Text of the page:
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A place for all to worship

Interfaith activities appeal to believers within community and beyond

Created date

November 23rd, 2010

Every Thursday afternoon, in a classroom in the Audubon clubhouse at Eagle s Trace, a band of 20 or so residents gather for their weekly Bible study. Members of the group represent a variety of faith traditions, from Catholic to Protestant to Jewish, but they meet for a specific purpose to study the Bible. We looked at the book of Genesis during the first half of this year, says Pat Camerino, a retired academic administrator and ordained Catholic deacon. Now we re into Exodus. The study is resident-led, and since everyone draws from their own backgrounds, we have very lively discussions. The group interrupted their study briefly this fall to spend one afternoon looking at the history of the printing of the Bible, ahead of a traveling exhibit with a scheduled stop at the community.

The Enduring Word

It s good to learn more about the history of the printed word, says Camerino. We ve talked about other oral traditions and the development of the Bible, but we haven t, until now, taken a look at the physical structure of the Bible. The Enduring Word, a moveable museum of original biblical artifacts, is the personal collection of curator Dr. Rusty Maisel. It covers the history of the printed Bible and features a page from an original Gutenberg Bible. Eagle s Trace hosted the exhibit in late September. We have a very active religious life on campus with a variety of interfaith and ecumenical activities, says Mary Kate Kell, pastoral ministries manager at Eagle s Trace. Our residents are characterized by a desire to grow in their faiths. This exhibit offers a chance to gain a better understanding of how the Bible came to be in its current form. Bill and Roma Wantuck moved to Eagle s Trace seven weeks before The Enduring Word came to the community. It amazes me to be able to see something like this, says Mr. Wantuck, I m intrigued by the information on the King James version and how it came to be. The couple belonged to a nondenominational church for over 40 years before moving to Eagle s Trace. In the process of finding a church closer to their new home, they were learning just how many ties Eagle s Trace has to the surrounding religious communities.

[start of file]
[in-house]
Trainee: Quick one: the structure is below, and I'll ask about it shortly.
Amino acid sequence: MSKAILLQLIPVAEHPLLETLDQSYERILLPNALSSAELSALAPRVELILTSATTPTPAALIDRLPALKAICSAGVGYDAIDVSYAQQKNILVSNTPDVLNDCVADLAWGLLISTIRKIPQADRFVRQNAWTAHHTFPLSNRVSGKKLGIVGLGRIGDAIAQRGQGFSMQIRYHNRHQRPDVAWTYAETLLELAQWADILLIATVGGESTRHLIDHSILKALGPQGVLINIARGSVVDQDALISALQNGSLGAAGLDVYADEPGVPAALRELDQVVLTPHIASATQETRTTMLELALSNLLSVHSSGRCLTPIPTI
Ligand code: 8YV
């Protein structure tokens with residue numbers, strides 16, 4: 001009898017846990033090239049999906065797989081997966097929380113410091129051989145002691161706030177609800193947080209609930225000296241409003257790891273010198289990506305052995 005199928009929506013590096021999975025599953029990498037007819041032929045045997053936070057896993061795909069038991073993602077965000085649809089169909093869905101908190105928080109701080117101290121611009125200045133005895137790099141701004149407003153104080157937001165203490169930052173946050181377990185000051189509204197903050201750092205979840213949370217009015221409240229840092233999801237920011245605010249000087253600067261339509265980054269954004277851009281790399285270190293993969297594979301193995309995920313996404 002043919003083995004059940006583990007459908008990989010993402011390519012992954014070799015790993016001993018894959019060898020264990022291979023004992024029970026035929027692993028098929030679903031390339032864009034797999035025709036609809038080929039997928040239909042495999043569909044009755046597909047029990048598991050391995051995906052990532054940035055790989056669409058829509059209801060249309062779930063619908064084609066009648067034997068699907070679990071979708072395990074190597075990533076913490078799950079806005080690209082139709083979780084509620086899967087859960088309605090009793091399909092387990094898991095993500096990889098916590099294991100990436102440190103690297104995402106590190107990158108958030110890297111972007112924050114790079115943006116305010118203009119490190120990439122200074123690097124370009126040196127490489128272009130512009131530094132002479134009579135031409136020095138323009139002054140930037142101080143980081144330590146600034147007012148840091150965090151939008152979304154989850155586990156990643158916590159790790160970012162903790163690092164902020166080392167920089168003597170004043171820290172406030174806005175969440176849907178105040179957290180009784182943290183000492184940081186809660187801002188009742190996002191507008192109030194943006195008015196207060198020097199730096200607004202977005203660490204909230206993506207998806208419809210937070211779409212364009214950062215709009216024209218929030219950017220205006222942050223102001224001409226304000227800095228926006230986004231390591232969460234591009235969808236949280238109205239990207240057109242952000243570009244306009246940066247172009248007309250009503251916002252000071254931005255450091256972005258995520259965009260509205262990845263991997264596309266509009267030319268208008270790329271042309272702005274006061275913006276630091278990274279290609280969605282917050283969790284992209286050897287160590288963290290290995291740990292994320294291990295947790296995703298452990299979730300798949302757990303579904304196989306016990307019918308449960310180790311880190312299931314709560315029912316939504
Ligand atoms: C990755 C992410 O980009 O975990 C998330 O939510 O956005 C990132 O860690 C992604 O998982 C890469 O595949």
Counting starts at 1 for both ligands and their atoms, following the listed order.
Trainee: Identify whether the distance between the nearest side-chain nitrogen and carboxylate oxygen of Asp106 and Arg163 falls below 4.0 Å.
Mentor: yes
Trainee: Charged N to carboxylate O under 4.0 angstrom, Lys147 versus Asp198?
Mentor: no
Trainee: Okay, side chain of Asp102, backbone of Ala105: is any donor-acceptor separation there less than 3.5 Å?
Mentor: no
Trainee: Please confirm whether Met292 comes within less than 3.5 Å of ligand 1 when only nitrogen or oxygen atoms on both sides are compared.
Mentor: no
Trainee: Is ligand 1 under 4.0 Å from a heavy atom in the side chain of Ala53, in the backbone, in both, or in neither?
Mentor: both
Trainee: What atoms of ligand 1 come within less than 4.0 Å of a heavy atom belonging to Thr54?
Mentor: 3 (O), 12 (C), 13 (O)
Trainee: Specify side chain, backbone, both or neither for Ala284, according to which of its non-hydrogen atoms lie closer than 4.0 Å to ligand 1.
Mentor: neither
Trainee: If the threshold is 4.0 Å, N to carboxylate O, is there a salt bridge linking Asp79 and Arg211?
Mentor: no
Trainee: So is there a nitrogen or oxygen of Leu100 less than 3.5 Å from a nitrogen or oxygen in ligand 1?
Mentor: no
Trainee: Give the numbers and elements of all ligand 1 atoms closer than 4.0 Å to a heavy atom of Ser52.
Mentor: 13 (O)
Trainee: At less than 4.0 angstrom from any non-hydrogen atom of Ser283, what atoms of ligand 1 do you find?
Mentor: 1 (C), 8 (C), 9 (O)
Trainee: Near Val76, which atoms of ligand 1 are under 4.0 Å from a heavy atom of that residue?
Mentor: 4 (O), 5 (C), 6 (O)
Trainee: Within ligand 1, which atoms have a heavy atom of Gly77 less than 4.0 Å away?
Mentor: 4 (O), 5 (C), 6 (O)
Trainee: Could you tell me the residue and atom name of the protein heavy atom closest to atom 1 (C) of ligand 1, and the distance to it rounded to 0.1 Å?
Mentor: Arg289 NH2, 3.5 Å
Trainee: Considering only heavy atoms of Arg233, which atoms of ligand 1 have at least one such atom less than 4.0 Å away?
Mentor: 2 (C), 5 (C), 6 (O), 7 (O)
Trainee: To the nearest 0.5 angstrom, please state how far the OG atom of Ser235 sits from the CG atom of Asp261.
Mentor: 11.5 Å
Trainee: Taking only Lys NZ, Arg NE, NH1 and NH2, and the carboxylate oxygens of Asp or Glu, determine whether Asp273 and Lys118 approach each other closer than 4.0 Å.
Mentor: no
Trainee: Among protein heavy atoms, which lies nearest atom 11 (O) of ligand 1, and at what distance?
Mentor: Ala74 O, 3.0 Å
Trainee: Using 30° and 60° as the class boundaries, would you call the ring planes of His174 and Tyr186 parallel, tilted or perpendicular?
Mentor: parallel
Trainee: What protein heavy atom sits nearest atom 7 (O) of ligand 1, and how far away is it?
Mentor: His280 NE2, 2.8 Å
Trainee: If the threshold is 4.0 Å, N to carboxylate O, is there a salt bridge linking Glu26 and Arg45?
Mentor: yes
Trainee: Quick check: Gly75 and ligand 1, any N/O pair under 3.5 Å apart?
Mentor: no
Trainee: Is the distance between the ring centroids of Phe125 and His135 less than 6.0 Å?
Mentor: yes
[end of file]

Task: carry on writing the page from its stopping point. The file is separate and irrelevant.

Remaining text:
Something for everyone

In addition to our Sunday afternoon service here at Eagle s Trace, several area churches provide transportation to and from Eagle s Trace for weekly worship services, says Kell. We also have a retired bishop from the Archdiocese of Galveston-Houston who comes to Eagle s Trace each month to celebrate Mass. And our Jewish residents gather weekly for Friday evening prayers. There really is something here for everyone. Ruth Herman, who moved to the community with her husband, Sandy, when it opened in 2005, has seen the Jewish population grow over the past five years. She just finished serving a term on the community s Interfaith Advisory Council. The religious atmosphere here is very encompassing and welcoming to everybody, says Herman. We really have a very diverse cross-section of faith traditions.

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